Wild Sarsaparilla

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Walking along Chippewa Creek in Brecksville Reservation, I noticed an unusual looking flower – Wild Sarsaparilla. The flowers form in sphere-shaped clusters.

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Native Americans and pioneers found many uses for the plant. The aromatic roots have long served as an ingredient in root beer.

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The tiny, white flowers ripen into blue-black berries in mid-summer which are eaten by wildlife. Its leaves rise well above the flower, leaving it on a leafless stalk.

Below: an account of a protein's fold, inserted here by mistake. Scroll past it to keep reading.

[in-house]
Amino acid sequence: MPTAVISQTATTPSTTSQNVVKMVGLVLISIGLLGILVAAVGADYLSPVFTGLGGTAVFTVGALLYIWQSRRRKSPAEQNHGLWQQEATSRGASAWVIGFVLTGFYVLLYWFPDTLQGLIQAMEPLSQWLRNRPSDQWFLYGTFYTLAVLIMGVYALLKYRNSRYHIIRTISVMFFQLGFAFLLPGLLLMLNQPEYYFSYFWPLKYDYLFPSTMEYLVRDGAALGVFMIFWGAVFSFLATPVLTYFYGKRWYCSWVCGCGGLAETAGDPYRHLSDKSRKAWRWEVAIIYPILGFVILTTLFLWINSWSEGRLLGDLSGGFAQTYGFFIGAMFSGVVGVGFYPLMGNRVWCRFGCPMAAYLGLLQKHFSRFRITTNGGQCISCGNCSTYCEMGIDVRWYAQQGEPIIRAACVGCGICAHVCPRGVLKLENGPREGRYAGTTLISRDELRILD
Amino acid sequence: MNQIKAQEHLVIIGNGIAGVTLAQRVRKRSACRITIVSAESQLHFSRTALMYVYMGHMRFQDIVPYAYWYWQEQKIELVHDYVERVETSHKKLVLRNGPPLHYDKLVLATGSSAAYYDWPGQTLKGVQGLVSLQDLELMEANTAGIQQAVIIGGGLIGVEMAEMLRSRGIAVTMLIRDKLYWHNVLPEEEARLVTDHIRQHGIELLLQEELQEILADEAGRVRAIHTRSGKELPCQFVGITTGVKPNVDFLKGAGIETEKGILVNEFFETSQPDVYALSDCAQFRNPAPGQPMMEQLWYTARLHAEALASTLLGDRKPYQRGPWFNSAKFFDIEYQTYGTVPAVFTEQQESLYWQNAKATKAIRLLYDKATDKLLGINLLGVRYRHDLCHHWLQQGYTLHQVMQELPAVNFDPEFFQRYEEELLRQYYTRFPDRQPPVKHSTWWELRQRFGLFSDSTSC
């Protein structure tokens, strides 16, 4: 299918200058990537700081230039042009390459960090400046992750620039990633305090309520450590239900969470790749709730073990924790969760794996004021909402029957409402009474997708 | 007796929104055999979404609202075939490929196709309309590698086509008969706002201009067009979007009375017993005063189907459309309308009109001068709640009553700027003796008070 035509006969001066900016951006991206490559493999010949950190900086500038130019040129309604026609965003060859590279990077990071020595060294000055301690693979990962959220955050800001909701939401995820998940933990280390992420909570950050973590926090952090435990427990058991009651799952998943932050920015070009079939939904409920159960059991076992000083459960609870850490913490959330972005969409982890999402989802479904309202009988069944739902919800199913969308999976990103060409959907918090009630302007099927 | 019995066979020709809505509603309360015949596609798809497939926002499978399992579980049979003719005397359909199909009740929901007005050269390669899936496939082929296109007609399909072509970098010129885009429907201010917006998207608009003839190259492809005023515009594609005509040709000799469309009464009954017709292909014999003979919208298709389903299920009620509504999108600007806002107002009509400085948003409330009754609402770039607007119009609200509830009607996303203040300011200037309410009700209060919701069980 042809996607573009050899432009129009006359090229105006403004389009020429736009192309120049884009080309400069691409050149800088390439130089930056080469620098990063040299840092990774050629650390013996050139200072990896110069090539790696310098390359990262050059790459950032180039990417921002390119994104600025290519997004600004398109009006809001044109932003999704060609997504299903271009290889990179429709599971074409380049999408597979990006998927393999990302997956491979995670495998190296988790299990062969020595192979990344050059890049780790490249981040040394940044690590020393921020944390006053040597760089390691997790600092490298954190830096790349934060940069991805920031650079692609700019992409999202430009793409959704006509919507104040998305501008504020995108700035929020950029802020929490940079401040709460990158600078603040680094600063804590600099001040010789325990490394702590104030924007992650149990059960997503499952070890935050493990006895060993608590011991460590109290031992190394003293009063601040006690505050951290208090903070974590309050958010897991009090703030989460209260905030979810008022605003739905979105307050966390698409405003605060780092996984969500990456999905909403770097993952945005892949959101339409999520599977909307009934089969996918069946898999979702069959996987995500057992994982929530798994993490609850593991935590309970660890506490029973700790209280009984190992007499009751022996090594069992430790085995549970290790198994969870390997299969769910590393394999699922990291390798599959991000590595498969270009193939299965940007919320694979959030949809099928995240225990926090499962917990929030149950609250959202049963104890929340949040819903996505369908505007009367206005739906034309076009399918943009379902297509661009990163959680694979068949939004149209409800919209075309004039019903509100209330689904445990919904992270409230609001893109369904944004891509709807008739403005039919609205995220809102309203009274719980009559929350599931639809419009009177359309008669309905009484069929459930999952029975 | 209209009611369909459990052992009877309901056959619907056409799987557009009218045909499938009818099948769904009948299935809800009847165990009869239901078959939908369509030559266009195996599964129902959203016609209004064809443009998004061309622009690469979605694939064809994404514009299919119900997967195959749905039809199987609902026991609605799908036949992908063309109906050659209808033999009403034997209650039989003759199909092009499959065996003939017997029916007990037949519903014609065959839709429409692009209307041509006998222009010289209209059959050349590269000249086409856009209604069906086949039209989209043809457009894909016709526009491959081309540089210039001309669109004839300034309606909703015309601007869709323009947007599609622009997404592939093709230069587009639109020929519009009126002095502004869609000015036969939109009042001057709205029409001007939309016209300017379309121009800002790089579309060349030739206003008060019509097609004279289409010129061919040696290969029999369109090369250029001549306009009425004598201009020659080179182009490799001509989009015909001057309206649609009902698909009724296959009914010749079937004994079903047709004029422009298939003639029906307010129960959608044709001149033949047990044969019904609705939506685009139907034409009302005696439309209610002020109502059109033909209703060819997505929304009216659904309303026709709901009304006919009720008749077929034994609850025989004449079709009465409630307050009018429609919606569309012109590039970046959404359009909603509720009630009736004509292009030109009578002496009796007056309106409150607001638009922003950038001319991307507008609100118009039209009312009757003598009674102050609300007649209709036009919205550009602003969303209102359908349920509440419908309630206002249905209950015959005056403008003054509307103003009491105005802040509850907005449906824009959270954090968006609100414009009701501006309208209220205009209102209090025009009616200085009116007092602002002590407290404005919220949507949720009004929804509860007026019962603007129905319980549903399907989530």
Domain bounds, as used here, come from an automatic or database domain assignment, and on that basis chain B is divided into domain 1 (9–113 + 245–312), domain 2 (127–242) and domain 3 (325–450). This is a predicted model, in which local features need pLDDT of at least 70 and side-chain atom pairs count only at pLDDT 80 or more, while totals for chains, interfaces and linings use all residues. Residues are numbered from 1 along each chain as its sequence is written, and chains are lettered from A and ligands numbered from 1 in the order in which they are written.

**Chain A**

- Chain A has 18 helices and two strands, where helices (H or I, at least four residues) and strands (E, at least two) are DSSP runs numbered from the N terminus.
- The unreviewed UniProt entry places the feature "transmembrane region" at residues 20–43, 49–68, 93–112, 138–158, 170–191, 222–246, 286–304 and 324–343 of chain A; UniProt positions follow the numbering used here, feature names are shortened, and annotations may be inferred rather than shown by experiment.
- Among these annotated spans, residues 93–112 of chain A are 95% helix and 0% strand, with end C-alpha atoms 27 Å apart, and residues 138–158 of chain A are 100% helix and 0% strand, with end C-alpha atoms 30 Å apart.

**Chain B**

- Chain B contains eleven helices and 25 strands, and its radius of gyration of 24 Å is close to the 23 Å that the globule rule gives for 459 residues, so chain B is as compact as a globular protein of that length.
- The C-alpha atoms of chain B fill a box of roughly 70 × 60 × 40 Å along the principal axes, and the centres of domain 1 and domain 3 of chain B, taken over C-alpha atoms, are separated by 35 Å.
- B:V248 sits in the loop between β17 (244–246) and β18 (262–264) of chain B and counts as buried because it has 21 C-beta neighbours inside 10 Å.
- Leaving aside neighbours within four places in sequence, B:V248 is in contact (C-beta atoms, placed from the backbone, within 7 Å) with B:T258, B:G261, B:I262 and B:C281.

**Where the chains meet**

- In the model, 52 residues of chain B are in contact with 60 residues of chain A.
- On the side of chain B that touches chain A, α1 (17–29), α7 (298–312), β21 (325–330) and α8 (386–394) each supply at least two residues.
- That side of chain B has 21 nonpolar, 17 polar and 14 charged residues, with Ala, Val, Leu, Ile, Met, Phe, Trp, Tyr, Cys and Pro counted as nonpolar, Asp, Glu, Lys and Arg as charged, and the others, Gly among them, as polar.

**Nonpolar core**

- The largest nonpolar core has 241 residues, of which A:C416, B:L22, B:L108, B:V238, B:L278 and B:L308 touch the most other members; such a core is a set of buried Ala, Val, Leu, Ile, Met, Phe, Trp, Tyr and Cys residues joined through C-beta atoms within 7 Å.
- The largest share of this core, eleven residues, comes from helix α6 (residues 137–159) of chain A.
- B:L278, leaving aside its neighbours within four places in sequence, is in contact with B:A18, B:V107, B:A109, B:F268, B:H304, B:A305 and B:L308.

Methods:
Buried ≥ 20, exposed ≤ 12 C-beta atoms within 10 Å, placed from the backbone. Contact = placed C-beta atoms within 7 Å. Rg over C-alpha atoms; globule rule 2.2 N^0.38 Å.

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This plant has a large distribution in North America, especially in Canada. Wild sarsaparilla is a widespread, dominant understory species in many forests.

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The species part of its Latin name Aralia nudicaulis breaks down to meaning nudus “naked” and cauli “stalk.”

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